Mòd Ligonier Puts US Spotlight on Scottish Gaelic Song, Language

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Scottish Gold Medalist Alasdair Currie sings at Mòd Ligonier and the Ligonier Highland Games.


Scottish Gaelic song, story and poetry rang out at the Ligonier Highland Games this year when ACGA held its latest Mòd — a day-long competition in Gaelic language arts and tradition. The popularity of the Mòd — ACGA has held one in Ligonier each year since 1995 — demonstrates how important Gaelic song is to learning, teaching, and promoting Scottish Gaelic in North America.

Mòd Ligonier, held at the games Saturday, Sept. 22, featured singers, musicians, storytellers, a Gaelic choir, and special guest Alasdair Currie, winner of the 2017 men’s gold medal at the Royal National Mòd in Scotland. Alasdair and Mike Mackay, ACGA president, adjudicated the competitions.

AA Scottish Gaelic song competition will be held as well at the Central Virginia Celtic Festival Oct. 27, held in Richmond. That competition is sponsored by the Learned Kindred of Currie and Currie Family Cultural Tent.

The US National Mòd is expected to return next year in a larger format, and perhaps in a new location. Contact Michael Mackay for more information or if you would like to help with the event.

The results of Mòd Ligonier 2018 competitions are as follows:

Bàrdachd (poetry recital):

First place, Anne Alexander; Second place equal Cam MacRae and Hilary Rosado

Sgeulachd (storytelling):

FFirst place, Cam MacRae; Second place, Hilary Rosado

Sight reading:

First place, Hilary Rosado; Second place, Cam MacRae, Third place, Anne Alexander.

Open song:

First place, Anne Alexander; Second place, Hilary Rosado; Third place, Sharon McWhorter

Combined (one prescribed, one self select song):

First place Anne Alexander; Second place, Mary Wake

Accompanied song:

First place, Carol Kappus, Second place, Anne AlexanderK

Còisir (choir):

Còisir Ghàidhlig Ohio

Harmonized singing:

First place, Sharon McWhorter and Anne Alexander.

Photo of Alasdair Currie, top, by Michael Mackay; Photos of Mòd competitions and competitors (Còisir Ghàidhlig Ohio, upper left, seated, Cam MacRae; lower right, standing, Sharon McWhorter) by Thomas Ashby McCown.

Cracking the ‘Halloween Nut’ in North Carolina: A Free Public Event

Samhain

You may be aware that Halloween is derived from the Gaelic (and more broadly, Celtic) festival of Oidhche Shamhna and Samhain. The festival, with its pre-Christian roots, commemorated the last phase of the harvest season, ancestors, and the end of the old (agricultural) year. But how much do you really know about the Samhain customs and beliefs of the Scottish Highlanders?

To dig past the commercial trappings of the modern holiday (and modern misconceptions) and get at its roots, plan to attend a free public lecture at the University of North Carolina Oct. 26 called “A’ Cnagadh Cnù na Samha: Cracking the Halloween Nut: Sensing and Making Sense of a Scottish Highland Calendar Custom.” The lecture will be delivered by Dr. Tiber Falzett, the inaugural visiting lecturer in Scottish Gaelic Studies at the University of North Carolina in Chapel Hill.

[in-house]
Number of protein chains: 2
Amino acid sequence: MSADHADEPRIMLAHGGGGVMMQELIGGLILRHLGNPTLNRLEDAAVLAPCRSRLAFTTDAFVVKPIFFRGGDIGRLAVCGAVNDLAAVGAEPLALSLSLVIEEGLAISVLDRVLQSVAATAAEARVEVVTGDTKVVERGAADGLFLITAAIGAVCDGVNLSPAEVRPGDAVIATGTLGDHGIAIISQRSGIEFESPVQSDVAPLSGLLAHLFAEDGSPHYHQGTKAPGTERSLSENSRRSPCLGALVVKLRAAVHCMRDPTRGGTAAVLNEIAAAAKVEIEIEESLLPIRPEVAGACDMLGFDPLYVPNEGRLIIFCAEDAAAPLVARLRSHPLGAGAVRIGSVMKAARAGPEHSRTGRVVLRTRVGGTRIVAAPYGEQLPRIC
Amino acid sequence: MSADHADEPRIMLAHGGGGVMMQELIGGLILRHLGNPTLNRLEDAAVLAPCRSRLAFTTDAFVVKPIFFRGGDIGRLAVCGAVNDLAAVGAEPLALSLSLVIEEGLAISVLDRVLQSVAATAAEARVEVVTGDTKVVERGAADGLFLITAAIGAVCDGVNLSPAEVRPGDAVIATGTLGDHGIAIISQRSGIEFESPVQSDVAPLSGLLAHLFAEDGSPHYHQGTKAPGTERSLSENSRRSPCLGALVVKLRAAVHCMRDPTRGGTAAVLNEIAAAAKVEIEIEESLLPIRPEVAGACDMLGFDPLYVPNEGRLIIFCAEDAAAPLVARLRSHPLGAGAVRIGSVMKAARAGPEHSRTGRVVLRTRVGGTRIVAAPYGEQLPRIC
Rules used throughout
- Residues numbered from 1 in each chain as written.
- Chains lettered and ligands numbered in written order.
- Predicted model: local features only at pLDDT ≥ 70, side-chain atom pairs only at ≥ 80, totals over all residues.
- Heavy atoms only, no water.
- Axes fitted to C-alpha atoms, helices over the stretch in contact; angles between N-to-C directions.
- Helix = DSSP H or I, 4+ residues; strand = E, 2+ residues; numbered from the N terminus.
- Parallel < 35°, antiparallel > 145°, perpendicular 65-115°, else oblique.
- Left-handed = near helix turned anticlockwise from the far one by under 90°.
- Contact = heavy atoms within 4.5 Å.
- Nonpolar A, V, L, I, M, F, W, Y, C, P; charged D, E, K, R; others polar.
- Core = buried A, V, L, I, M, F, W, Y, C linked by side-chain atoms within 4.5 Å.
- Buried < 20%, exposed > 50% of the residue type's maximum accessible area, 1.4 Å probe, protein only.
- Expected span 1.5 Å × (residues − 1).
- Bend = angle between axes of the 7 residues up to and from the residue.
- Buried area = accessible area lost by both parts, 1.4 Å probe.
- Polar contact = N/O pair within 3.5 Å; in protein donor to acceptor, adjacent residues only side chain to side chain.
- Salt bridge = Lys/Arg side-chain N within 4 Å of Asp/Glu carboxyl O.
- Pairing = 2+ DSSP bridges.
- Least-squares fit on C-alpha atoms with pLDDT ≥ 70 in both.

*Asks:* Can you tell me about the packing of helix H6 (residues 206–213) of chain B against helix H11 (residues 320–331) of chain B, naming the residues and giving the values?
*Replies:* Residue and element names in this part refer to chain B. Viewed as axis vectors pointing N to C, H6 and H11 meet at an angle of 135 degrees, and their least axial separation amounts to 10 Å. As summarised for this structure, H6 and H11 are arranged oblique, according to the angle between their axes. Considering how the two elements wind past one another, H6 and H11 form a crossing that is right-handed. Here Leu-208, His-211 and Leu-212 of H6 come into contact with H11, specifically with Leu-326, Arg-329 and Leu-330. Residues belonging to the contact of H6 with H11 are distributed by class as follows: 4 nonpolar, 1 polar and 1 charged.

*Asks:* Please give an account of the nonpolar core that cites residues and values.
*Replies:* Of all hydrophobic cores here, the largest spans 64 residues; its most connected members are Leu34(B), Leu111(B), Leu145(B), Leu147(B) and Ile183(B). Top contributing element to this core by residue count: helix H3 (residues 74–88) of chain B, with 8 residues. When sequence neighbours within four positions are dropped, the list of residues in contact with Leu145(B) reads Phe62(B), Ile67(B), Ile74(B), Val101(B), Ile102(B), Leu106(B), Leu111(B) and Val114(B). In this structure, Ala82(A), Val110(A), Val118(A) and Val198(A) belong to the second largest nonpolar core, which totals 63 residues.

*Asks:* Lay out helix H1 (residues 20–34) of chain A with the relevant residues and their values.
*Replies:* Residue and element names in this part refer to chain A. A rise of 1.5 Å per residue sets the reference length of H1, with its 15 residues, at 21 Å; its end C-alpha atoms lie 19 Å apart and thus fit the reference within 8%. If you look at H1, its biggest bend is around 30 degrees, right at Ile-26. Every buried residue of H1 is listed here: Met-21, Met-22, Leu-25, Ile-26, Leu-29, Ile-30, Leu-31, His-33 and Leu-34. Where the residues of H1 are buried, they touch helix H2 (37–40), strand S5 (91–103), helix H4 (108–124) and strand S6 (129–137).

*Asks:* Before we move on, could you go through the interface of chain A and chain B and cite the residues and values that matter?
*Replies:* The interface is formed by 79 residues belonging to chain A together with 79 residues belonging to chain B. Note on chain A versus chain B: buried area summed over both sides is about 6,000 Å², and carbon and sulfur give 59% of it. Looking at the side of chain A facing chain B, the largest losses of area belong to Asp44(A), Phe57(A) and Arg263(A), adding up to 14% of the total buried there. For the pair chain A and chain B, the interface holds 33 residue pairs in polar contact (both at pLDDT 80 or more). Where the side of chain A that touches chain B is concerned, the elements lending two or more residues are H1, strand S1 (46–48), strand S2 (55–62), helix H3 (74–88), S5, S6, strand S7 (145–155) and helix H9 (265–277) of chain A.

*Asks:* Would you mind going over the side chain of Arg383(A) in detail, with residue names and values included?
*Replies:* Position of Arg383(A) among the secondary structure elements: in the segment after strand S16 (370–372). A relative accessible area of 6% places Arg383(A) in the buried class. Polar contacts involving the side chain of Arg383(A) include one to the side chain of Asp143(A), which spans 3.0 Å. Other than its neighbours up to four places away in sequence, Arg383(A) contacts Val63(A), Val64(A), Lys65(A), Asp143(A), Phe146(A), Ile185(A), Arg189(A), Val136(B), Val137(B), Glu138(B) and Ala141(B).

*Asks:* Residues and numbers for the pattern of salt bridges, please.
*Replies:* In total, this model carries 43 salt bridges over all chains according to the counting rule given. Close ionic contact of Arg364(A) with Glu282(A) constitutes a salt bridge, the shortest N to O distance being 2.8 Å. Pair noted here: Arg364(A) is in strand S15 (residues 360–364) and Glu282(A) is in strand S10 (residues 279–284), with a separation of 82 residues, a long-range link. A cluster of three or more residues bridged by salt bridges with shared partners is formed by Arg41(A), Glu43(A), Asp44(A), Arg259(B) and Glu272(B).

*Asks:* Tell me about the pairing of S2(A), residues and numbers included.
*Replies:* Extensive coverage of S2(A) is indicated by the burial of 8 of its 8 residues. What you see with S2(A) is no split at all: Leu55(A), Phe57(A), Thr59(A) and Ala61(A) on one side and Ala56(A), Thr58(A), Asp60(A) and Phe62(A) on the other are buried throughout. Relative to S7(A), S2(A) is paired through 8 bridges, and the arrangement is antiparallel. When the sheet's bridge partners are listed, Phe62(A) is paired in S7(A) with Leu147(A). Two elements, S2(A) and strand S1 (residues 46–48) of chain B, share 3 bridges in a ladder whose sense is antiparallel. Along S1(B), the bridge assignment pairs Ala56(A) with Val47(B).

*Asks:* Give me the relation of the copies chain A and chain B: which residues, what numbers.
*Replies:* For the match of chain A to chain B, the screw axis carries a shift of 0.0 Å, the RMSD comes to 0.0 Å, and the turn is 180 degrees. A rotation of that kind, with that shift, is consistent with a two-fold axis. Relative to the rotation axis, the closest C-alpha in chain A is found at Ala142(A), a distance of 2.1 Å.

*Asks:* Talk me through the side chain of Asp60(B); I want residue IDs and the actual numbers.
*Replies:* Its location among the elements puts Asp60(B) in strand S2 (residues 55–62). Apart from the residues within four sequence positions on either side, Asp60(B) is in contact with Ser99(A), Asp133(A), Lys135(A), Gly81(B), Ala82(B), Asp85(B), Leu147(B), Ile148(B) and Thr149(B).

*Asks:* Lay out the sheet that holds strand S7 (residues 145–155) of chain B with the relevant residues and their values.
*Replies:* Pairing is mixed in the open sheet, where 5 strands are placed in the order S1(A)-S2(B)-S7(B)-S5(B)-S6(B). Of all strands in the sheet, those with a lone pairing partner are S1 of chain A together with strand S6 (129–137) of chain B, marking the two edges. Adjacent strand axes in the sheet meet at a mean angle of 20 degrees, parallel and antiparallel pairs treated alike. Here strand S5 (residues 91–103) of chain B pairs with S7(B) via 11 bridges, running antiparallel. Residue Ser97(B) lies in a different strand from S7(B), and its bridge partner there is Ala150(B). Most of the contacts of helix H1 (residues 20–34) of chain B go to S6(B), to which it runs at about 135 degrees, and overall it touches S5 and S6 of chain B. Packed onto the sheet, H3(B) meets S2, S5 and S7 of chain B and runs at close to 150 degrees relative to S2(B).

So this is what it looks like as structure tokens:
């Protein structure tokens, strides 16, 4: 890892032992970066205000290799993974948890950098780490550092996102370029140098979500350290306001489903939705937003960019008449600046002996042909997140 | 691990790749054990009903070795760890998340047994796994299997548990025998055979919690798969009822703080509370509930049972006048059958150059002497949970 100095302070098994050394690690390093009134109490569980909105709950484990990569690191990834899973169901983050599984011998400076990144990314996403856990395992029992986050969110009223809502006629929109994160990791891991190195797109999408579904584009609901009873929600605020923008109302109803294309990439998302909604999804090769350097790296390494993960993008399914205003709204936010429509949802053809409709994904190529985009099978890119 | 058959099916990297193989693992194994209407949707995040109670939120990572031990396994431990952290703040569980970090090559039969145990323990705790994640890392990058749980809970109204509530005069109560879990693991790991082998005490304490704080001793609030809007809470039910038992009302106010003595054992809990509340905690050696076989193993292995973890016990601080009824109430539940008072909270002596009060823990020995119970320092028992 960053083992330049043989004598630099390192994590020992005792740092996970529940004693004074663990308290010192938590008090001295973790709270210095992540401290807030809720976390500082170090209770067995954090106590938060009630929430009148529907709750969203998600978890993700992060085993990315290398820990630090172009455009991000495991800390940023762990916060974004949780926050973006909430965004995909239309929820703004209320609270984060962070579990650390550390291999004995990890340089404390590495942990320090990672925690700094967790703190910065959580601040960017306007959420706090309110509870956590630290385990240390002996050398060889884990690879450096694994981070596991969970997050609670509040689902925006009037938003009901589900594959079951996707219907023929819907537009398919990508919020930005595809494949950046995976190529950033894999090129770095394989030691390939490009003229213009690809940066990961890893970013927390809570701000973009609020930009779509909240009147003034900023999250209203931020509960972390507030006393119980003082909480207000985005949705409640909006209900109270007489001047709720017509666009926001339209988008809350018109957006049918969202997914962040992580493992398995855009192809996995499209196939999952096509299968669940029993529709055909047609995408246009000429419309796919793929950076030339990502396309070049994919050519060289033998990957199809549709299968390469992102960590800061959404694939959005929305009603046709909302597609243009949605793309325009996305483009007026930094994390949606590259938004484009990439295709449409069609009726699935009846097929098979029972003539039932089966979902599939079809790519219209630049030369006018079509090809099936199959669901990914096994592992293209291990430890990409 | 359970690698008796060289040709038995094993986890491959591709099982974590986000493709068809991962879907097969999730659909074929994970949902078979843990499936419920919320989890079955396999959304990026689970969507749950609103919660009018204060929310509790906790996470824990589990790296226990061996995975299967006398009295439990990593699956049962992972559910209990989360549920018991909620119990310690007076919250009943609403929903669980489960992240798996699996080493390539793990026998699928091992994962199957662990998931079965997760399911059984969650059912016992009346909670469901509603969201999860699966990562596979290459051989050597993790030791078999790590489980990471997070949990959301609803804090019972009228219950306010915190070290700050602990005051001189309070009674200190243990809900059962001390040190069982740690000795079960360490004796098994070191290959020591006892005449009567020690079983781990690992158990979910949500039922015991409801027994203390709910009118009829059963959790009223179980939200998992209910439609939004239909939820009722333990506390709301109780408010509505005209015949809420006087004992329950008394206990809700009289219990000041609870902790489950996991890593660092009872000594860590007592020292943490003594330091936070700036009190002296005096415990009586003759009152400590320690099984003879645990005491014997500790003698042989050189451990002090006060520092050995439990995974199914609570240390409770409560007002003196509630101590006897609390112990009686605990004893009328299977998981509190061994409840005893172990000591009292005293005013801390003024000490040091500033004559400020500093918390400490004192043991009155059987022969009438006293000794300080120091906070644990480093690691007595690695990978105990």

Dr. Falzett will explore the unique and universal aspects of Halloween folkways among Scottish Highlanders in North America and in Scotland, using field recordings of custom and belief within Gaelic-speaking communities, newspaper editorials, and song compositions. Together, these Gaelic voices will bring to life the cultural significance of Halloween for Highland immigrant communities, providing valuable insights into the reasons for Halloween’s near-universal appeal.

Learning more about the Gaelic customs of Oidhche Shamhna will help attendees compare Halloween’s many divergent re-interpretations as it has become popularized around the world. It will also help Gaelic learners and speakers reconnect with the holiday as Scottish Highlanders and their descendants in North America celebrated it yesterday and today.

The lecture is scheduled for 6:30 pm to 8 pm in UNC’s Kenan Music Building, room 1201, at 125 S. Columbia Street in Chapel Hill. There will be a celebratory reception afterward.

The lecture also celebrates the the first Scottish Heritage USA Scottish Gaelic Visiting Lectureship at UNC, a major step in advancing Scottish Gaelic Studies in the United States. The lectureship is funded by Scottish Heritage USA and is the result of a two-year campaign by the Scottish Gaelic Foundation of the USA or Gaelic USA.

Before coming to UNC this fall, Falzett, a fluent Scottish Gaelic speaker, lectured in the Department of History at the University of Prince Edward Island. He previously lectured at St. Francis Xavier University, in Antigonish, Nova Scotia, where he taught courses on the folklore and ethnology of the Gaelic communities of Scotland, Ireland and Canada.